My goals First, create a situation where: students are deeply engaged with a specific problem the ground work is done but there is still more to discuss / learn about the problem it is a collaborative environment it is a supportive learning environment.
Then, moderate discussions to: keep everyone thinking, in the moment and help students analyse the structure of what they are trying to do develop strategies for getting themselves “unstuck” reflect upon what broader skills they have gained from solving a specific problem. 16
Differential Geometry Tutorials Motivation: give strong, consistent message that tutorials are the core of the subject explain what the goals are and how I expect them to be achieved emphasise benefits set clear expectations, make students accountable for preparing thoroughly. 17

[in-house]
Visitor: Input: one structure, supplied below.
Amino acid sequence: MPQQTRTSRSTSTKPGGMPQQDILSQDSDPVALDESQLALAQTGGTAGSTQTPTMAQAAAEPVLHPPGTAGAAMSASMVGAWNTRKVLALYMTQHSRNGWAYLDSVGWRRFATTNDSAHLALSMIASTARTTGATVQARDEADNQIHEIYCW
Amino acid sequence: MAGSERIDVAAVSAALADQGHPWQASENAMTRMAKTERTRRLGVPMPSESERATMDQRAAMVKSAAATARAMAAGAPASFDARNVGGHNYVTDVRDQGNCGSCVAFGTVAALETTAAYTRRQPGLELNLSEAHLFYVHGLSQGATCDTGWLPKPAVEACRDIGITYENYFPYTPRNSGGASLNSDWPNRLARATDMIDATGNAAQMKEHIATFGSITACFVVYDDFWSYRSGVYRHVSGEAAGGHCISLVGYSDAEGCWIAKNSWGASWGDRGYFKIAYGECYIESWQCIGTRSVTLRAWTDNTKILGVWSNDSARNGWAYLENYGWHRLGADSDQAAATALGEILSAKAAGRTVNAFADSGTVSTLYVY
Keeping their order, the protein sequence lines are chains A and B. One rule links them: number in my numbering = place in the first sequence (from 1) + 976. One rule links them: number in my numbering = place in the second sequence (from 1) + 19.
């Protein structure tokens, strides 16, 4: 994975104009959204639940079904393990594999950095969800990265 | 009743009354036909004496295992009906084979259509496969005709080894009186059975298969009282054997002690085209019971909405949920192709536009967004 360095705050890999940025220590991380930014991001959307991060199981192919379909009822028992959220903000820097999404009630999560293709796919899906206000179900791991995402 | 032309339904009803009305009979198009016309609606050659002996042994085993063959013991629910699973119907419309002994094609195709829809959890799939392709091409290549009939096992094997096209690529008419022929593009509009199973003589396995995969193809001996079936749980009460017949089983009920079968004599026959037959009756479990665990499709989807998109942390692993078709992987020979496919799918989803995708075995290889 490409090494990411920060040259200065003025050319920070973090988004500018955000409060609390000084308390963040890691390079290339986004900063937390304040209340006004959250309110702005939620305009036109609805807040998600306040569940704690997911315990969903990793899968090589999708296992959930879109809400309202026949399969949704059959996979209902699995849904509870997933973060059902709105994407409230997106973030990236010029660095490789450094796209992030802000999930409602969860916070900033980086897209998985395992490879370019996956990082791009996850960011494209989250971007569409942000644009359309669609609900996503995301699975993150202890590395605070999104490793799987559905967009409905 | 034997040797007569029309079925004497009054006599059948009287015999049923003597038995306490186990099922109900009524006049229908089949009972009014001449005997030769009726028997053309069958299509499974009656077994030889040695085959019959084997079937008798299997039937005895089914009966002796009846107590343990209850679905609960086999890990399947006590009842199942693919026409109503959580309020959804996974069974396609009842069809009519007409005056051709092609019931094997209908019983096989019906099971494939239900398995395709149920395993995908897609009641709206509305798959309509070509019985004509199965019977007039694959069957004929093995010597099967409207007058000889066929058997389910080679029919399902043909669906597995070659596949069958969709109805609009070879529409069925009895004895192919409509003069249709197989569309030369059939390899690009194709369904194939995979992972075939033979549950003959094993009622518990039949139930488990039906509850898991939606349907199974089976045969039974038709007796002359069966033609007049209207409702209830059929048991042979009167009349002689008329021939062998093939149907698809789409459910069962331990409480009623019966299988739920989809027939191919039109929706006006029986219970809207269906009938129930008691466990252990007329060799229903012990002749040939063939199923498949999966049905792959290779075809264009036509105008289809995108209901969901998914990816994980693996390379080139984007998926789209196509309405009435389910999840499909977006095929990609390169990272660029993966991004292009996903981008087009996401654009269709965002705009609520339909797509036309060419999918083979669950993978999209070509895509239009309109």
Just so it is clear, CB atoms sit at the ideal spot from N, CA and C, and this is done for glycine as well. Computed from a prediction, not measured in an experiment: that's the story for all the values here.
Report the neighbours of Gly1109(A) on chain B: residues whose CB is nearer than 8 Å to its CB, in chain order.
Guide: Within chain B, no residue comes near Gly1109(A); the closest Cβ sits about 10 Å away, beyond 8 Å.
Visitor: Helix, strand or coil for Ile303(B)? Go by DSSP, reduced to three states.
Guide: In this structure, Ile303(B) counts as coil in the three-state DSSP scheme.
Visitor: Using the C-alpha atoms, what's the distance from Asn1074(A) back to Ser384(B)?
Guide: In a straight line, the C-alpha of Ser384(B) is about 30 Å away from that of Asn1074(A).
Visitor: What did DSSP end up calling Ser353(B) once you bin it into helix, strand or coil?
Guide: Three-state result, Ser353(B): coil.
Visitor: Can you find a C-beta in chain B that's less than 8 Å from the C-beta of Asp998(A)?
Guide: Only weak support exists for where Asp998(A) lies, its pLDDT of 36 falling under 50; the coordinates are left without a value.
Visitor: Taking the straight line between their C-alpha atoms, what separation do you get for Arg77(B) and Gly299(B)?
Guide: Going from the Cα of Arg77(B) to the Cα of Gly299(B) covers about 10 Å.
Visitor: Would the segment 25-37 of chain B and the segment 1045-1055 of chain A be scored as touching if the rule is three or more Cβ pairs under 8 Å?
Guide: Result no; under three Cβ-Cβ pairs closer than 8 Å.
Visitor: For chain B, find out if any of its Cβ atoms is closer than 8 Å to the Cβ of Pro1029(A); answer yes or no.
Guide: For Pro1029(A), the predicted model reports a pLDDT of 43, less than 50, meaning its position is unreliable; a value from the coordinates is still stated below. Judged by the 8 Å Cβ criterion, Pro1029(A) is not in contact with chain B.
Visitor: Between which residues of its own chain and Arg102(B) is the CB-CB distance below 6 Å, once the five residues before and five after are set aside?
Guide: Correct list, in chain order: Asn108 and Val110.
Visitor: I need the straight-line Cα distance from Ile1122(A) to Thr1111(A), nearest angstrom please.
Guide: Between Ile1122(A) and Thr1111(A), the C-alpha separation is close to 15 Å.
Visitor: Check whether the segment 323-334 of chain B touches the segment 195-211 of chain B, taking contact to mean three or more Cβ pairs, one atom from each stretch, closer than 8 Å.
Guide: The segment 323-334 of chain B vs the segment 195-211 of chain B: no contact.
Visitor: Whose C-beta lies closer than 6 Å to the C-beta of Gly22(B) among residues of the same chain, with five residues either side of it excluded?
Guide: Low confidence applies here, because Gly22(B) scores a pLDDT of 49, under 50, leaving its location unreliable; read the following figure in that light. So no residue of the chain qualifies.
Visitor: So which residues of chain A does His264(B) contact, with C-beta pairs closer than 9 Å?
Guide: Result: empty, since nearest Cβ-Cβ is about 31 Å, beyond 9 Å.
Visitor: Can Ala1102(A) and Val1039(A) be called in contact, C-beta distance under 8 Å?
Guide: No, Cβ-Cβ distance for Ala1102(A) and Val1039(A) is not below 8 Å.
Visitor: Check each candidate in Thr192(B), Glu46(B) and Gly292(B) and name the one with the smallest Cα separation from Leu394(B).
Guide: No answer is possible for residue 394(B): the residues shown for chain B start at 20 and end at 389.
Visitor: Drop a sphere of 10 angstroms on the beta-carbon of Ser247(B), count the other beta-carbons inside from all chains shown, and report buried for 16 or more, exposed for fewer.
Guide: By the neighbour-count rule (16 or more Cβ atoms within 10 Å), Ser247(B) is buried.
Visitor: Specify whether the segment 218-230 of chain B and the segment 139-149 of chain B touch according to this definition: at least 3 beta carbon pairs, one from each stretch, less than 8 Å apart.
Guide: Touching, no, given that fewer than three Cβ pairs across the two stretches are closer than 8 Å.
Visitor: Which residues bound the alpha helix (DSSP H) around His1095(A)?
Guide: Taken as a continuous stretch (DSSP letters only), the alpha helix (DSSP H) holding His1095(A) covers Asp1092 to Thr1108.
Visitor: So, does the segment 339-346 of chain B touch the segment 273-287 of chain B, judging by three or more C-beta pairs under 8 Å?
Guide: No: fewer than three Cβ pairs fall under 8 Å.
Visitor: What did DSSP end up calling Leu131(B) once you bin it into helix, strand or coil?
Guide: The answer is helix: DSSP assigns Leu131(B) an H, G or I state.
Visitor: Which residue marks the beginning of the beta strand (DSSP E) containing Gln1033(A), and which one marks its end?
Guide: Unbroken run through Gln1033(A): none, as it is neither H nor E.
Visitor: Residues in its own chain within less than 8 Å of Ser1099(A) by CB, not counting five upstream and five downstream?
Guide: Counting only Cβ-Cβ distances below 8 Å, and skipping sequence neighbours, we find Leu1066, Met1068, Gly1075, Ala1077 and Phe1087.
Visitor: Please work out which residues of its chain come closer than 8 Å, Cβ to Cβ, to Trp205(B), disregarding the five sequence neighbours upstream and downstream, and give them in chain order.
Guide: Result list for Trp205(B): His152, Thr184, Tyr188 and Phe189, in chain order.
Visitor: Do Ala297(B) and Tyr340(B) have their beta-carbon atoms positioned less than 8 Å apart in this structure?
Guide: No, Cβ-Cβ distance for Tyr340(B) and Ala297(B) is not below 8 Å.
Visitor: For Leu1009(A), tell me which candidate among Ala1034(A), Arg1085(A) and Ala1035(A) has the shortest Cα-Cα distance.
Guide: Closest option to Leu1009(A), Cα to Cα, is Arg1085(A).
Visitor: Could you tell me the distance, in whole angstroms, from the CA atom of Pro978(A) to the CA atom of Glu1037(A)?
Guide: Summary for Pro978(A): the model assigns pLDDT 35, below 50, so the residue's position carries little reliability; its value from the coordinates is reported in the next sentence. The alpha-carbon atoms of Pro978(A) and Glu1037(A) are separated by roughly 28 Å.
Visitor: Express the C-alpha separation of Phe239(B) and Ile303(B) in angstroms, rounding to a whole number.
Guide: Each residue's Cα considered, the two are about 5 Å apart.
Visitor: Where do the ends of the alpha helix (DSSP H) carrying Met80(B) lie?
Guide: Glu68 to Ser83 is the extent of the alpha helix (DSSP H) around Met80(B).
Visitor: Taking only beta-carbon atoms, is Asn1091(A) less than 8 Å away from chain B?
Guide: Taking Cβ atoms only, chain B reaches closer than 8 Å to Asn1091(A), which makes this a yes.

Tutorial Structure Four types of questions: Problems to write up and discuss – students bring written solutions – in small groups discuss and help one another – peer feedback on mathematics and exposition – mark one another’s work – I circulate and help each group. 18
Includes a challenging problem, I often ask someone with a good solution to present it. Explanation complemented with strategic advice – how one could have thought of this. – what have we just learned, beyond the specifics? If appropriate, I pose extension questions. 19
Problems for presentation and discussion – different groups assigned to present each week – questions encouraged, to build discussion – for each student there is both a “mathematics mark” and a “presentation mark” – detailed constructive feedback at end of class 20